Manual of Policies and Procedures

A/2.6 Internal control

Contact Officer

Director, Assurance and Risk Management Services

Approval Date


Approval Authority


Date of Next Review


2.6.1 Policy principles
2.6.2 Definitions
2.6.3 Roles and responsibilities
2.6.4 Components of internal control
2.6.5 Limitations of internal control
Related Documents
Modification History

2.6.1 Policy principles

QUT is committed to establishing a cost-effective internal control structure with the objective of managing the operations of the University in a manner which provides the QUT Council reasonable assurance that:

  • the University's plans (QUT Blueprint, faculty / division / institute plans, functional plans), and the priorities, strategies and targets contained therein, are achieved
  • the University's resources (including its people, systems, data / information bases and customer goodwill) are acquired economically, applied efficiently and adequately protected
  • quality business processes and continuous improvement are emphasised
  • the actions of all University officers (including members of QUT Council, senior management and staff) are in compliance with the University's policies, standards, plans and procedures, and all relevant laws and regulations; and
  • data and information published either internally or externally is accurate, reliable and timely.


2.6.2 Definitions

'Control' is any action taken by QUT Council, management, and other parties or officers to manage risk and increase the likelihood that established objectives and goals will be achieved. This includes planning, organising and directing the performance of sufficient actions to provide reasonable assurance that objectives and goals will be achieved. Controls may be preventive (to deter undesirable events from occurring), detective (to detect and correct undesirable events that have occurred), or directive (to cause or encourage a desirable event to occur). The concept of a system of control is the integrated collection of control components and activities that are used by an organisation to achieve its objectives and goals.


2.6.3 Roles and responsibilities

a) Vice-Chancellor and President and University management

The Vice-Chancellor and President is ultimately responsible for the establishment of a cost-effective internal control structure for the University in line with the requirements of the Financial and Performance Management Standard 2009 (Qld). However, the development and maintenance of cost-effective internal controls is a management responsibility and an integral component of the overall process of managing the operations of the University. As such, it is the responsibility of all managers at all levels of the University to:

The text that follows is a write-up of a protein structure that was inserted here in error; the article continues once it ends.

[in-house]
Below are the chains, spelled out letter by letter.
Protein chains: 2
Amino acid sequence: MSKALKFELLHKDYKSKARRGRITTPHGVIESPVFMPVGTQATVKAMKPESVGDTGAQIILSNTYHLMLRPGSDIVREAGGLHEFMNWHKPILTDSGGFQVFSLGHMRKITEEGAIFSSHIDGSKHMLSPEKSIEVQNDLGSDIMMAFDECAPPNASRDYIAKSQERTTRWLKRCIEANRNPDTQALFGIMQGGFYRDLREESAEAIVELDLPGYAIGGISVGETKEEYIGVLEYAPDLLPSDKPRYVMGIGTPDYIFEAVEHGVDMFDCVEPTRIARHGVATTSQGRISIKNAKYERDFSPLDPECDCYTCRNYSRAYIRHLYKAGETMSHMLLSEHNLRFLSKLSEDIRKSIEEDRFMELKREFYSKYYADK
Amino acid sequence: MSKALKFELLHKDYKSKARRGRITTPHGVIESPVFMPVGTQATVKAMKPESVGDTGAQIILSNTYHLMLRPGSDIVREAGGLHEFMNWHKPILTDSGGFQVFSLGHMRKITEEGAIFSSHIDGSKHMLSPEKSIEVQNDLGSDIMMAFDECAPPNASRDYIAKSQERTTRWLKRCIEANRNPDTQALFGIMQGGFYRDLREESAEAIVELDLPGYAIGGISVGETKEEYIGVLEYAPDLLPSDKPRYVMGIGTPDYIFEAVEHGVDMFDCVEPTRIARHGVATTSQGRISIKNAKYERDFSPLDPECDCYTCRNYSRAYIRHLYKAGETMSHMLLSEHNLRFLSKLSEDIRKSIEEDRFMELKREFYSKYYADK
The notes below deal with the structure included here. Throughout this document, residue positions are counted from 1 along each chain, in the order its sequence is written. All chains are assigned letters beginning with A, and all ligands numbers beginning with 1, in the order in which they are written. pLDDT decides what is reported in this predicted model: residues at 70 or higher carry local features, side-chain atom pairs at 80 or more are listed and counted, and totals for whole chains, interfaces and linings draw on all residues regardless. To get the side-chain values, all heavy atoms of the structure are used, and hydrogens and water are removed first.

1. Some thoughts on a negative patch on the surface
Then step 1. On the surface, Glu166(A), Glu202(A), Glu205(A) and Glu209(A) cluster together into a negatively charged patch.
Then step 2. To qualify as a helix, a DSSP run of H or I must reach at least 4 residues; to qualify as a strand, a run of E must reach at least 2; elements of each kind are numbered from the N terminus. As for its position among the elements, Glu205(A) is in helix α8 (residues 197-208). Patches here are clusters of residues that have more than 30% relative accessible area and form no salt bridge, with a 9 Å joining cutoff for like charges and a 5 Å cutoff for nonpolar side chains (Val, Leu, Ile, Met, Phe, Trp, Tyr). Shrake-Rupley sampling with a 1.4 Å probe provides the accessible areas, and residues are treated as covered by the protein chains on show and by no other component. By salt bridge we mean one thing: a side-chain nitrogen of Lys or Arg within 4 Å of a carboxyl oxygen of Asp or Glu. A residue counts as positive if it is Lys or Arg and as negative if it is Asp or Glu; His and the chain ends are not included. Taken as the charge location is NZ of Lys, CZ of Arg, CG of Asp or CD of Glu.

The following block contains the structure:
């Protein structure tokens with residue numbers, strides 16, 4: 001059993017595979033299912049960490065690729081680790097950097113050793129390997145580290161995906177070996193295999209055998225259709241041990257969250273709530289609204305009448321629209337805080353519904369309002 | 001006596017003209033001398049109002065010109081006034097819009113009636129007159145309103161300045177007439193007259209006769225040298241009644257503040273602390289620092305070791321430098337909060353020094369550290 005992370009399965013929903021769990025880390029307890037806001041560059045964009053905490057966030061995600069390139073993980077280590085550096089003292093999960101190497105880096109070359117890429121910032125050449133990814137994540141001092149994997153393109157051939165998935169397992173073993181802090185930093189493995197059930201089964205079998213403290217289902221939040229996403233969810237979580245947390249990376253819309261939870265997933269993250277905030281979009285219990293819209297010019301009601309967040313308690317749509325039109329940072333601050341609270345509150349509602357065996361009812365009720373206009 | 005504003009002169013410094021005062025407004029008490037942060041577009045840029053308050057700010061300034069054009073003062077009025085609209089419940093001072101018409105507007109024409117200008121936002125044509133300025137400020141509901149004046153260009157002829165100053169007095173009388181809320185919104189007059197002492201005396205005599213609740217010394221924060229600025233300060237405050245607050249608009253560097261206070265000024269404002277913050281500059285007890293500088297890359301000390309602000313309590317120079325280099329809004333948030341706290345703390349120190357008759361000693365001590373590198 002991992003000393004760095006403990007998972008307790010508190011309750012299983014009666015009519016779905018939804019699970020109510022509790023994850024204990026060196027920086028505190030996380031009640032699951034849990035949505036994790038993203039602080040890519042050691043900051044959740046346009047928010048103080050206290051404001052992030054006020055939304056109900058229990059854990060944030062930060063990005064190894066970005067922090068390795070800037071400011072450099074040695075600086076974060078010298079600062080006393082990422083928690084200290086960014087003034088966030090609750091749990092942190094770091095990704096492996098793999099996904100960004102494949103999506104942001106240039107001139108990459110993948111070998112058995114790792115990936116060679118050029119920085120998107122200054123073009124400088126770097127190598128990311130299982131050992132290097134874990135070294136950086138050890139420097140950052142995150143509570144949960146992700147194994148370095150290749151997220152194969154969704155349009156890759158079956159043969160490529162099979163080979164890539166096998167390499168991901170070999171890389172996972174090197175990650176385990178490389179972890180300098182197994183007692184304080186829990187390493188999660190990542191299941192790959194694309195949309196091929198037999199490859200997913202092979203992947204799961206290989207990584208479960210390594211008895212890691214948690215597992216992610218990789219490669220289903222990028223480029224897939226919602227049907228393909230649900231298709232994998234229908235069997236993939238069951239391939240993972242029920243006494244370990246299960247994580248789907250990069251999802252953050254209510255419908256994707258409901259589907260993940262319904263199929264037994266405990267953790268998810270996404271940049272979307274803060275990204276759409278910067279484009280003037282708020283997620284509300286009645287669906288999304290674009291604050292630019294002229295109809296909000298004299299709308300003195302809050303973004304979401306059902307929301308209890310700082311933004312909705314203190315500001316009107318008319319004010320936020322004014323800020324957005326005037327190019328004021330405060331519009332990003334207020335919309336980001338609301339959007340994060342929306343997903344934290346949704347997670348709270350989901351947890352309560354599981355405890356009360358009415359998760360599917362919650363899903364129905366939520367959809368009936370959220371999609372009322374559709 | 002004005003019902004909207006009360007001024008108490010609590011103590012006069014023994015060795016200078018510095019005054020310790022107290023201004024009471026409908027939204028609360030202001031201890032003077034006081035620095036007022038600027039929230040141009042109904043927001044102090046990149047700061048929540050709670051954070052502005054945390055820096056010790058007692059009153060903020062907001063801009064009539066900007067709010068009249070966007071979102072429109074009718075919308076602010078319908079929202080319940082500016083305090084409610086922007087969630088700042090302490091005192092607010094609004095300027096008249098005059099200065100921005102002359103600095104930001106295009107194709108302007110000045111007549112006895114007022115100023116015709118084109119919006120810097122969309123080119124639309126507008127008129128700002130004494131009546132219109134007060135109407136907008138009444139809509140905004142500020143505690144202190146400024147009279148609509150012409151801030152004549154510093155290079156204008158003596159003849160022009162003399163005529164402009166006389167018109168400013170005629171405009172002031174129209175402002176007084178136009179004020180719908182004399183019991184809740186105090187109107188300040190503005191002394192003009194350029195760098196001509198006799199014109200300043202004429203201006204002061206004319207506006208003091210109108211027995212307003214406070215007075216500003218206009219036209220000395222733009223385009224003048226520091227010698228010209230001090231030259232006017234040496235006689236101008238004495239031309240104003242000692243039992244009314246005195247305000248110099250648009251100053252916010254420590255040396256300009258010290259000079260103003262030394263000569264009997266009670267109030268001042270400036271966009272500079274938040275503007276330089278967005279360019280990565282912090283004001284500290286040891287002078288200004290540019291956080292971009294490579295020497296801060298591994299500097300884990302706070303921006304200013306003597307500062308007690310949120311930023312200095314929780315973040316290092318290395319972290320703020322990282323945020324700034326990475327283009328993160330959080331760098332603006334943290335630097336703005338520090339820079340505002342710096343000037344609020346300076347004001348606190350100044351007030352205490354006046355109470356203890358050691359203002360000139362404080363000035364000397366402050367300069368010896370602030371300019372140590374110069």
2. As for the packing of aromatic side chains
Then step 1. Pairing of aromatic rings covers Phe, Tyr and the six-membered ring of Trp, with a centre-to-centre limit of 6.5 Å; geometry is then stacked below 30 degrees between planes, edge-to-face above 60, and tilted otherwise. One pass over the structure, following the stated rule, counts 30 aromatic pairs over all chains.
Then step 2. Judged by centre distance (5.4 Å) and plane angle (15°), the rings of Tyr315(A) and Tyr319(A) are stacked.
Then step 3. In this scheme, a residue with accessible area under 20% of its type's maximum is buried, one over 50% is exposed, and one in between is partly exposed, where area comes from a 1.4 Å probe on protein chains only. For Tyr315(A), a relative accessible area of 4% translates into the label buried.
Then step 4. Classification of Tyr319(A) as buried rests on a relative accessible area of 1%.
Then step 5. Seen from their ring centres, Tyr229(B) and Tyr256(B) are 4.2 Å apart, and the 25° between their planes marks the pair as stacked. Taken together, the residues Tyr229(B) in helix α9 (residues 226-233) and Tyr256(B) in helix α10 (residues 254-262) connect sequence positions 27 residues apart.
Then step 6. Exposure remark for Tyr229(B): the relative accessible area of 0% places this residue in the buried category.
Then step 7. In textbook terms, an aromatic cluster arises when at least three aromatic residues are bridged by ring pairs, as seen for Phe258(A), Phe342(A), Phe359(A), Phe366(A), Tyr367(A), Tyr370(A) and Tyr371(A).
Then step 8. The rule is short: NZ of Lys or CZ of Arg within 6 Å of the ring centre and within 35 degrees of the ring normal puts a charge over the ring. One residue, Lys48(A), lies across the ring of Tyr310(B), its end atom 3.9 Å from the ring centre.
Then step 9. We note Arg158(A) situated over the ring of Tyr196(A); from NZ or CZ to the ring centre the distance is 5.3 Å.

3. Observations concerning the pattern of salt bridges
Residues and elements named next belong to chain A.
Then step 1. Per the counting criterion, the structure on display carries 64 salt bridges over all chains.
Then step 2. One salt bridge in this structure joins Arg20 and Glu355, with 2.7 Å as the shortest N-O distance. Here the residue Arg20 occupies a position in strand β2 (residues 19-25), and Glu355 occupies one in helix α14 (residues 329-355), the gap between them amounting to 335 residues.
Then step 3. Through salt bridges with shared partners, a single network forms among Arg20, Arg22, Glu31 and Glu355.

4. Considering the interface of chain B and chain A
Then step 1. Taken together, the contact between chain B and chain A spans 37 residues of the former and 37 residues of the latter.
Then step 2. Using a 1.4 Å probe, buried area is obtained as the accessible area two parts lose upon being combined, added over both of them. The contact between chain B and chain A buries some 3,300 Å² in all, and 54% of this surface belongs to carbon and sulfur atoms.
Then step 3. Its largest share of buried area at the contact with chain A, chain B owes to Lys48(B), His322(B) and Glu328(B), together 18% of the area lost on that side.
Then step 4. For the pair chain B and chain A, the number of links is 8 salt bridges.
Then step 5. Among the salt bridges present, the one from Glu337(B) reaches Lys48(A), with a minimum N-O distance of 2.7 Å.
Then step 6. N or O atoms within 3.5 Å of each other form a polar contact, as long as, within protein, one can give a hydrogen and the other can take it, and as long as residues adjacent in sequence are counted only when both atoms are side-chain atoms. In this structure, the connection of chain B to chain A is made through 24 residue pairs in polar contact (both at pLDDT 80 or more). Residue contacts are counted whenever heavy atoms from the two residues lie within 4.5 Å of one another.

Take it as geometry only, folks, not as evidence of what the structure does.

• identify and evaluate the risk exposures which relate to their particular sphere of operations
  • specify and establish policies, plans, operating procedures, systems and other disciplines to minimise, mitigate and/or limit the risks associated with the exposures identified
  • establish practical cost-effective control processes that require and encourage all University officers to carry out their duties and responsibilities in a manner that achieves the above objectives; and
  • maintain the effectiveness of the control processes that have been established and foster continuous improvement of these processes.

b) Risk and Audit Committee

The Risk and Audit Committee (A/3.3) is responsible for monitoring and overseeing the responsibilities of management, the internal audit function and external audit, as these responsibilities relate to the University's processes for controlling its operations and managing risks.

c) Assurance and Risk Management Services

Assurance and Risk Management Services, in accordance with the University's Assurance and Risk Management Services Charter (A/1.5), has responsibility for ascertaining that the control processes throughout the University are operating in an effective manner. Assurance and Risk Management Services is also responsible for reporting to University management and Risk and Audit Committee on the adequacy and effectiveness of the University's systems of internal control, together with recommendations to improve the control processes.

d) External audit

The external audit process provides assurances to Parliament on the stewardship (integrity, propriety, economy, efficiency and operations) of the University. The Auditor-General, as Parliament's external auditor, discharges these responsibilities principally through certification of the University's financial statements. The University's accounts are audited by the Auditor-General of Queensland in accordance with Section 30 of the Auditor-General Act 2009 (Qld). Section 46 of the Auditor-General Act 2009 (Qld) empowers the authorised auditor to have, at all reasonable times, full and free access to all documents and property belonging to the University. Members of the University community are responsible for assisting with the satisfactory conduct of the audit as necessary and for complying with the legislative requirements.